The energy of any campus comes from its student body. This is most clear each fall as we welcome students back to our residence halls, studios, classrooms, and the Kanbar Center.
This fall has been no exception. It has been a pleasure to share picnic dinners, meet on walks across campus, and chat in the lunch lines at Common Thread.
Each year, I learn new things from the incoming class. And each year, our classes seem to get younger. Traditional incoming undergraduate students of the class of 2016 were born in 1994. Their worldview is unique, just as they are.
As educators, it is important that we understand this mindset for, just as we expect to educate our students, we should also be willing to learn from them.
A team at Beloit College in Beloit Wisconsin releases a “Mindset List” each year to help create a brief snapshot of these incoming classes. True, some of their findings can seem a bit silly, or arbitrary, seemingly only noted to shock and surprise those of us born prior to the ‘90s.
At the same time, the mindset list speaks to the modernity of the current student body, and to their needs as students in the 21st century classroom.
Toward that end, I offer a few thoughts as they relate to the incoming students at PhilaU:
For the women of our incoming class, the majority of their lives the important international business of the State Department has been done under female leadership. Similarly, women have always piloted warplanes and space shuttles. I trust the women of PhilaU to lead with similar courage and boundary-breaking successes.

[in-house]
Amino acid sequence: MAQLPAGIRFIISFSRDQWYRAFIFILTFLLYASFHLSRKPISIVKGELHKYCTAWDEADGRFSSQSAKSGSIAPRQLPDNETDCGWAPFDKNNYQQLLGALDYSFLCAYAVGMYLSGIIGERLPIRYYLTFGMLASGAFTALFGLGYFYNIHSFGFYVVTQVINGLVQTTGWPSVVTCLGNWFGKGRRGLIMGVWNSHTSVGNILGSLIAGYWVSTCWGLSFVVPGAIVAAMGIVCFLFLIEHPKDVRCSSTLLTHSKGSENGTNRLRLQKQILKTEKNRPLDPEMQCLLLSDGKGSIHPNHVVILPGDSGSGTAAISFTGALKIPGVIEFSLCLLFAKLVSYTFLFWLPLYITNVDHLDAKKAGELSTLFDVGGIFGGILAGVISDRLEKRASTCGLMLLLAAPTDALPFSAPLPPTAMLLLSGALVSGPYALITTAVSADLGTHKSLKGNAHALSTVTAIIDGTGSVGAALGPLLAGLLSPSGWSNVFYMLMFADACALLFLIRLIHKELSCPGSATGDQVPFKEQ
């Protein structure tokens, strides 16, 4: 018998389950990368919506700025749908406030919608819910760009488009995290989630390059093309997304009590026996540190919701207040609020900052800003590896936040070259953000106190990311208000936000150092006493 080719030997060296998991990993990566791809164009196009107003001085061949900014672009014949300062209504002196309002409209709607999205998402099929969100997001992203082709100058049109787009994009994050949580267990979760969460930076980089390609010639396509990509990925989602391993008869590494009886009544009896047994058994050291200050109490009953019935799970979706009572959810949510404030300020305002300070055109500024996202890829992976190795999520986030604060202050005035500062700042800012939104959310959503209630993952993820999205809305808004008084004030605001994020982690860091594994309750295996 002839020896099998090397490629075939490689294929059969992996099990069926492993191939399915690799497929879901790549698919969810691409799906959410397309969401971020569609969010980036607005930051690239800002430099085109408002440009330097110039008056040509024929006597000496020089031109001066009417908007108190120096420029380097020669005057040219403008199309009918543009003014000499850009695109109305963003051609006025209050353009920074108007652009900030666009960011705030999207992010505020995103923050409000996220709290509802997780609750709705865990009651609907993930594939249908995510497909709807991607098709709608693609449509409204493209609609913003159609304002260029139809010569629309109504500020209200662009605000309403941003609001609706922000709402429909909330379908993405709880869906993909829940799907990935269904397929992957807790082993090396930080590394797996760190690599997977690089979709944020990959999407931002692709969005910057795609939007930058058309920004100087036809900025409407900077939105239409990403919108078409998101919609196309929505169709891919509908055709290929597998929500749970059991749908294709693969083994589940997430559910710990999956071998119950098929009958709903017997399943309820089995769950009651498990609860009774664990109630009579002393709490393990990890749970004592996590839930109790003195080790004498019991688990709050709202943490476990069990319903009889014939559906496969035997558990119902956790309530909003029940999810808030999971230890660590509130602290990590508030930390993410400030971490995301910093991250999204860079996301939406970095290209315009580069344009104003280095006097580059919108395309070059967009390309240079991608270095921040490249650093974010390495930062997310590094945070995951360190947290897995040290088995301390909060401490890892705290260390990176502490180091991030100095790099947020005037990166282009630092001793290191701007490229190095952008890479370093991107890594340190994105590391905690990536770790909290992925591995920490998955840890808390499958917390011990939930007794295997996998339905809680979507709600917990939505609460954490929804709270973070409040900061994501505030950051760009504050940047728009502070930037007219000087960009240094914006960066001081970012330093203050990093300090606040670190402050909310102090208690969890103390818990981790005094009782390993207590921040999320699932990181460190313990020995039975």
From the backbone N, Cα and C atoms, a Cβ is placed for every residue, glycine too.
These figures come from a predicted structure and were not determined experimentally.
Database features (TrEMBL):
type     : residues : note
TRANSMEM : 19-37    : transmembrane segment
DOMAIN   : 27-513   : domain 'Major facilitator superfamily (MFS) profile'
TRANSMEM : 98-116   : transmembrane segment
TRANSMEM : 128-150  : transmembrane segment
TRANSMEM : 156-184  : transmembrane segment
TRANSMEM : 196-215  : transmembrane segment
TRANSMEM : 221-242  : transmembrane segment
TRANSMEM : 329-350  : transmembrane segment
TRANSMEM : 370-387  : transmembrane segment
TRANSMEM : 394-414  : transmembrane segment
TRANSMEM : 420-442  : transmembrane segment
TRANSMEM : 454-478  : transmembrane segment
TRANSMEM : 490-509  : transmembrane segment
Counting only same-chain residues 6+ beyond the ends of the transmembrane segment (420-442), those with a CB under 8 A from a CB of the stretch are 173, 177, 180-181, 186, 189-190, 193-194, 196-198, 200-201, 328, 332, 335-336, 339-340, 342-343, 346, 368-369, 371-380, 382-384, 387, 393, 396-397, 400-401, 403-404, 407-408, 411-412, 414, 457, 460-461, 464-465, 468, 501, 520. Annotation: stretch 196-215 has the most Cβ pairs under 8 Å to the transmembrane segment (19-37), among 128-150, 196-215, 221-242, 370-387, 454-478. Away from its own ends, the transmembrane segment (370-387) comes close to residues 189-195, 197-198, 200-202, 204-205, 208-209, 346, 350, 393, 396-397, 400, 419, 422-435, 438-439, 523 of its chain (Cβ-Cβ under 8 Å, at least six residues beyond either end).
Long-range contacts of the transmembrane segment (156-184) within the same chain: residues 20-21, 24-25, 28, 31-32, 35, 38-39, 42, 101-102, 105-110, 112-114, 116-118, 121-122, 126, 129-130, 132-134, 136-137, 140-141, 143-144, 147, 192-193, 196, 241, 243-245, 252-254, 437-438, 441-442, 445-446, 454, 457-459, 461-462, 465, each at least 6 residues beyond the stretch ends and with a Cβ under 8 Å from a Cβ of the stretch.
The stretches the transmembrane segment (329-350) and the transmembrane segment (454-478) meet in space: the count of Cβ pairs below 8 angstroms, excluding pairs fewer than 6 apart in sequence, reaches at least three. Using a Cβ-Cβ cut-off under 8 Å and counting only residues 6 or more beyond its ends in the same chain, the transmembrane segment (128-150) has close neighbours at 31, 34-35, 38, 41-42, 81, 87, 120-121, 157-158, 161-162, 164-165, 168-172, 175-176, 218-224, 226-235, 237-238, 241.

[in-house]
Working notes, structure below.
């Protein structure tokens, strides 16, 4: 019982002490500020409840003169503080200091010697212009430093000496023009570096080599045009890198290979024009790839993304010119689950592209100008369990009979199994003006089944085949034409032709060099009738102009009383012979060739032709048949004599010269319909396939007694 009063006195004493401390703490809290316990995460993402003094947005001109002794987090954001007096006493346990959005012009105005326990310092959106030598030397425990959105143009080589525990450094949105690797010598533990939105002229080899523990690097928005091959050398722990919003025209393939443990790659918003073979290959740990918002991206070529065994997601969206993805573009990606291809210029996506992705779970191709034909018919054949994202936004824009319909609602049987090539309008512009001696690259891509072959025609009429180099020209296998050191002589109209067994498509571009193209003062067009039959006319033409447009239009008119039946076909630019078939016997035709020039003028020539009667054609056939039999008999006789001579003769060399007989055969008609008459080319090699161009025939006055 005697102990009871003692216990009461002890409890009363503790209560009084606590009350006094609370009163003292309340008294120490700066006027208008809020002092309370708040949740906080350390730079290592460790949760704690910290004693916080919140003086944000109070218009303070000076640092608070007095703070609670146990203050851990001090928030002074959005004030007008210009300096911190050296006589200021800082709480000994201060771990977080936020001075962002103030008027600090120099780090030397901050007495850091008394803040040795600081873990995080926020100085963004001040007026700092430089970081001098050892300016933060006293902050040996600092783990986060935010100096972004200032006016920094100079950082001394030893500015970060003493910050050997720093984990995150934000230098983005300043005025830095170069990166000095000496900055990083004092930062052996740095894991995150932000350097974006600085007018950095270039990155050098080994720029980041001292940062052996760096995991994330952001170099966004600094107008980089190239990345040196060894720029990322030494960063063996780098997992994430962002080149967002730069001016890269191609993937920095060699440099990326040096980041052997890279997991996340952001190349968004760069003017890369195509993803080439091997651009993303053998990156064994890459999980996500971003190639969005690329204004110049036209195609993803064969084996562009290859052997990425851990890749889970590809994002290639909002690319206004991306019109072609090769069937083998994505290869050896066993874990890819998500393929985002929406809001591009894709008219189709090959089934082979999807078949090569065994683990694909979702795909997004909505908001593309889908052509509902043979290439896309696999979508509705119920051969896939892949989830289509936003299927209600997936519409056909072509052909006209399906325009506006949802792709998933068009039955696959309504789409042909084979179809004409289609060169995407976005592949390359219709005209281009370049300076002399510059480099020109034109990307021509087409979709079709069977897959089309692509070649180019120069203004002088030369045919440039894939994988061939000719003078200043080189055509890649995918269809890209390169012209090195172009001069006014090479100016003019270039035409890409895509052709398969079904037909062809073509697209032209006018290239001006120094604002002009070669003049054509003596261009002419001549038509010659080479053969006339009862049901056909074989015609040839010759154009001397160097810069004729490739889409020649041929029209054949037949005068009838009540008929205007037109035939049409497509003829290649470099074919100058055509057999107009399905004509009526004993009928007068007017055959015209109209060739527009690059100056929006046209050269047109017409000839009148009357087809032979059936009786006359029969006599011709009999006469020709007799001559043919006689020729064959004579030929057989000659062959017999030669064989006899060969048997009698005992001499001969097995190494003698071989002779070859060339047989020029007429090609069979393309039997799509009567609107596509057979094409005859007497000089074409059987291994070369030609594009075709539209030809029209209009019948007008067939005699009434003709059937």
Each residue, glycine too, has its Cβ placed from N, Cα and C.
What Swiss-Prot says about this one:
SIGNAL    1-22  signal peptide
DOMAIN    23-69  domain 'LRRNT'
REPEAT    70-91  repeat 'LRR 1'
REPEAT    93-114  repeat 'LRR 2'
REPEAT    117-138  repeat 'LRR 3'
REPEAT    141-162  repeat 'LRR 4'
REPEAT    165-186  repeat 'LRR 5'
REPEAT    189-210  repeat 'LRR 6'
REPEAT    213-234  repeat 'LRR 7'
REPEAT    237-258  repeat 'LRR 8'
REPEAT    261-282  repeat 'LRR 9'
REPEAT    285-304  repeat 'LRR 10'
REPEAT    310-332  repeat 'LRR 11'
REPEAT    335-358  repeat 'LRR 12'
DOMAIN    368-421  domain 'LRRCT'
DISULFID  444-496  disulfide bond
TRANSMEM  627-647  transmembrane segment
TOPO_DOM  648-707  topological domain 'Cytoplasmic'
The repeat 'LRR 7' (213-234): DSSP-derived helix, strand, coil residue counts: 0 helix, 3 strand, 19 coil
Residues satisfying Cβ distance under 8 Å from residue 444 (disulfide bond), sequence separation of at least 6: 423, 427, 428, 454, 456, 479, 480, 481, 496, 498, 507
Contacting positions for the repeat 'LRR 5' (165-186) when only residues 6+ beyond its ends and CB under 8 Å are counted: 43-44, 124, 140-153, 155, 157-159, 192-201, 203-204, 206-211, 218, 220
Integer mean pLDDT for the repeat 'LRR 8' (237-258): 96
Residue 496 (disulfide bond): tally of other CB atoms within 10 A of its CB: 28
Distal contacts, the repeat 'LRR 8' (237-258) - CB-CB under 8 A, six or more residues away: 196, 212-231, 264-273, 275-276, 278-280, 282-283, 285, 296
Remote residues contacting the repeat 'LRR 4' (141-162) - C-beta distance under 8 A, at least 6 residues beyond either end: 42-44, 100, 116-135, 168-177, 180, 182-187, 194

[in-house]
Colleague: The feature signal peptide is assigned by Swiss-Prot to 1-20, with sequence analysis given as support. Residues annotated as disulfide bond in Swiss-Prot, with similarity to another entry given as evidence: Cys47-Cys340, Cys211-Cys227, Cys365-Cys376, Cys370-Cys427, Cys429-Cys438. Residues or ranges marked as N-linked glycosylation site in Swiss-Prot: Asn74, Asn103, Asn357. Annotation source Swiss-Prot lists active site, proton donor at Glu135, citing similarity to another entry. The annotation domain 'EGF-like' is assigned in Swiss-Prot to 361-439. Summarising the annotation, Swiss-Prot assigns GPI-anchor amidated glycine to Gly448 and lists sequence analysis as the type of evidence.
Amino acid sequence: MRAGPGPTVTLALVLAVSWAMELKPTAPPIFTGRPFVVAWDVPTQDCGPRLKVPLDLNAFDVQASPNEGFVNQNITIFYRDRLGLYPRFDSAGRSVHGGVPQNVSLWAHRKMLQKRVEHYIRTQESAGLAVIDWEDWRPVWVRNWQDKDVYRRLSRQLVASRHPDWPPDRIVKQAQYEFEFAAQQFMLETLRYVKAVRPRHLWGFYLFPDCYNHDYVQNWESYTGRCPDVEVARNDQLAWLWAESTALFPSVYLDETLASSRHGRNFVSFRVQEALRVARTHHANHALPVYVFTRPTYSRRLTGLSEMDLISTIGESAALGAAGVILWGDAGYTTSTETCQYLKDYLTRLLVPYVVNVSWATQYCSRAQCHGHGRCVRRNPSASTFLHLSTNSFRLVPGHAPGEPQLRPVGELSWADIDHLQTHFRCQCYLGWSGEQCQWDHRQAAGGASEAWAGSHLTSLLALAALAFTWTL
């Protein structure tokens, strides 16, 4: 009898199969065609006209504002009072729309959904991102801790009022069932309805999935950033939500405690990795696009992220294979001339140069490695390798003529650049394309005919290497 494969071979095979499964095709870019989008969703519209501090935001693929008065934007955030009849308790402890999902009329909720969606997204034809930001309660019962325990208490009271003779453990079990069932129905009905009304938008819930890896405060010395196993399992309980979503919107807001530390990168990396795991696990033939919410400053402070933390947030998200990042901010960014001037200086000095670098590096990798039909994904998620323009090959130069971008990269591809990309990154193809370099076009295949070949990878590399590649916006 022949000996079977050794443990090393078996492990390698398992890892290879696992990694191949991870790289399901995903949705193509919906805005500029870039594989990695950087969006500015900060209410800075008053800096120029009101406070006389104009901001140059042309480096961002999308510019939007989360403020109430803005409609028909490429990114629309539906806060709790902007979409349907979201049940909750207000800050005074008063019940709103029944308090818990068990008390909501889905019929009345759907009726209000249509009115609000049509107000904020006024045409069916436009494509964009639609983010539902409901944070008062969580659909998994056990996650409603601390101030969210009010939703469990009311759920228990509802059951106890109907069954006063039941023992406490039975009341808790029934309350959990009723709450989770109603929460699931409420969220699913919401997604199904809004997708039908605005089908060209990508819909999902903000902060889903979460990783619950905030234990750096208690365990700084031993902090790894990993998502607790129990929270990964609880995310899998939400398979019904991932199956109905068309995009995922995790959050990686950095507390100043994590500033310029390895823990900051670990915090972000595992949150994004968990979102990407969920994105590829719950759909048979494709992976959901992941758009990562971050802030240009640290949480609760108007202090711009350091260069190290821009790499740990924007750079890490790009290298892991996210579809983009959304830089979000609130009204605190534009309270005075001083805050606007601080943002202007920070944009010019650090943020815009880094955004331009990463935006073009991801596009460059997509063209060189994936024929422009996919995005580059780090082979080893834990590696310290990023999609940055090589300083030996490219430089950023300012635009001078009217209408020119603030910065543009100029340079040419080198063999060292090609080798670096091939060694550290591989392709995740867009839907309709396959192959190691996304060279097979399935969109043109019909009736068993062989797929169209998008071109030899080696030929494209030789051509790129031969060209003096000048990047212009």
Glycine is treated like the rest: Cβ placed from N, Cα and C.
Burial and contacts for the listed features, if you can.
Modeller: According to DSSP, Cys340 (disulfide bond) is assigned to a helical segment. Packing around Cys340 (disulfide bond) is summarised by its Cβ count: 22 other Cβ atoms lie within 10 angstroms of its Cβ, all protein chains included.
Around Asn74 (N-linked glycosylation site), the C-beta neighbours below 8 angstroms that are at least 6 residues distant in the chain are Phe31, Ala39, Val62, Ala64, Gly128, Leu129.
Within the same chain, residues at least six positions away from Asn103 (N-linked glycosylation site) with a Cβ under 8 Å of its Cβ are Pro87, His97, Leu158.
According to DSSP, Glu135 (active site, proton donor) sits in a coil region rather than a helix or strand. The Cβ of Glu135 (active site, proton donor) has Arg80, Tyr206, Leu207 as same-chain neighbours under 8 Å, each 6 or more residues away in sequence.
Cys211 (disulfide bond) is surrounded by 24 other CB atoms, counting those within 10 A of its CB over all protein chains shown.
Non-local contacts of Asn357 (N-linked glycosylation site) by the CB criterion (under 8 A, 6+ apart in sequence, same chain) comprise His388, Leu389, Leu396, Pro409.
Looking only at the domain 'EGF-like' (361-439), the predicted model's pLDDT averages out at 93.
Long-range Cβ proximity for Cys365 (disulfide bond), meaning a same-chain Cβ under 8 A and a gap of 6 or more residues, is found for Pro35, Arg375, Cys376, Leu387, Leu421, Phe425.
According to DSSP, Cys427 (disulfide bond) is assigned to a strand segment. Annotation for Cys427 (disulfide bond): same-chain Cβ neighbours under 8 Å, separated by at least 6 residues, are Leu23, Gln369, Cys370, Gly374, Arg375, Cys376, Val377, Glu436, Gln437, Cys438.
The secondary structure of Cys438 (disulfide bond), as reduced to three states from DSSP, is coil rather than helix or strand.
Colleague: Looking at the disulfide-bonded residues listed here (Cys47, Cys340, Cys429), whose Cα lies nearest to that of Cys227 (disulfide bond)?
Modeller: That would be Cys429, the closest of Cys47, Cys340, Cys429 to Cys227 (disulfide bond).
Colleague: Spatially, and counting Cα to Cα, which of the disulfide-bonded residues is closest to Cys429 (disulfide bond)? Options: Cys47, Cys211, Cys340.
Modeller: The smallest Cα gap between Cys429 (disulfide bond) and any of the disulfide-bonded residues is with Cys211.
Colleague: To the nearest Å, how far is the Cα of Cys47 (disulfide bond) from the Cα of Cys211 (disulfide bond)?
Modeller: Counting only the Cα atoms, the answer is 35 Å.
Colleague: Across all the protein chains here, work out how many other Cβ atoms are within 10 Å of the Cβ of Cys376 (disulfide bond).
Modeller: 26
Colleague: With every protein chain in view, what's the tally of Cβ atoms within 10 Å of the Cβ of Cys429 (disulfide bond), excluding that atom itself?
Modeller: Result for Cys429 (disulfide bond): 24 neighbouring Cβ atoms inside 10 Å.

For the design minded, there have always been blue M&Ms, but never brown ones, they have always enjoyed school and summer camp memories with digital yearbooks. I expect our design students will continue to elevate, simplify, digitize and beautify our world.
The technophiles in our ranks watch television everywhere but on a TV, will rent or purchase text books as e-books over traditional hard copies, although outdated icons with images of floppy discs for “save,” a telephone for “phone” and snail-mail envelopes for “mail” still oddly populate their smart phone screens. Our students are continually and creatively reinventing and reimagining many norms of our world.
Some of these changes seem natural and normal, others will forever surprise me – like Robert De Niro being recognized as Greg Focker’s father-in-law, not the young Vito Corleone. Regardless, our students bring new ideas and expectations to campus with them each fall. They are innovators who think in creative ways. It is our responsibility to engage that thinking and offer new challenges.
Our hands-on curriculum, problem solving in the classroom, and innovative programs like the Kanbar College of Design, Engineering and Commerce do just that.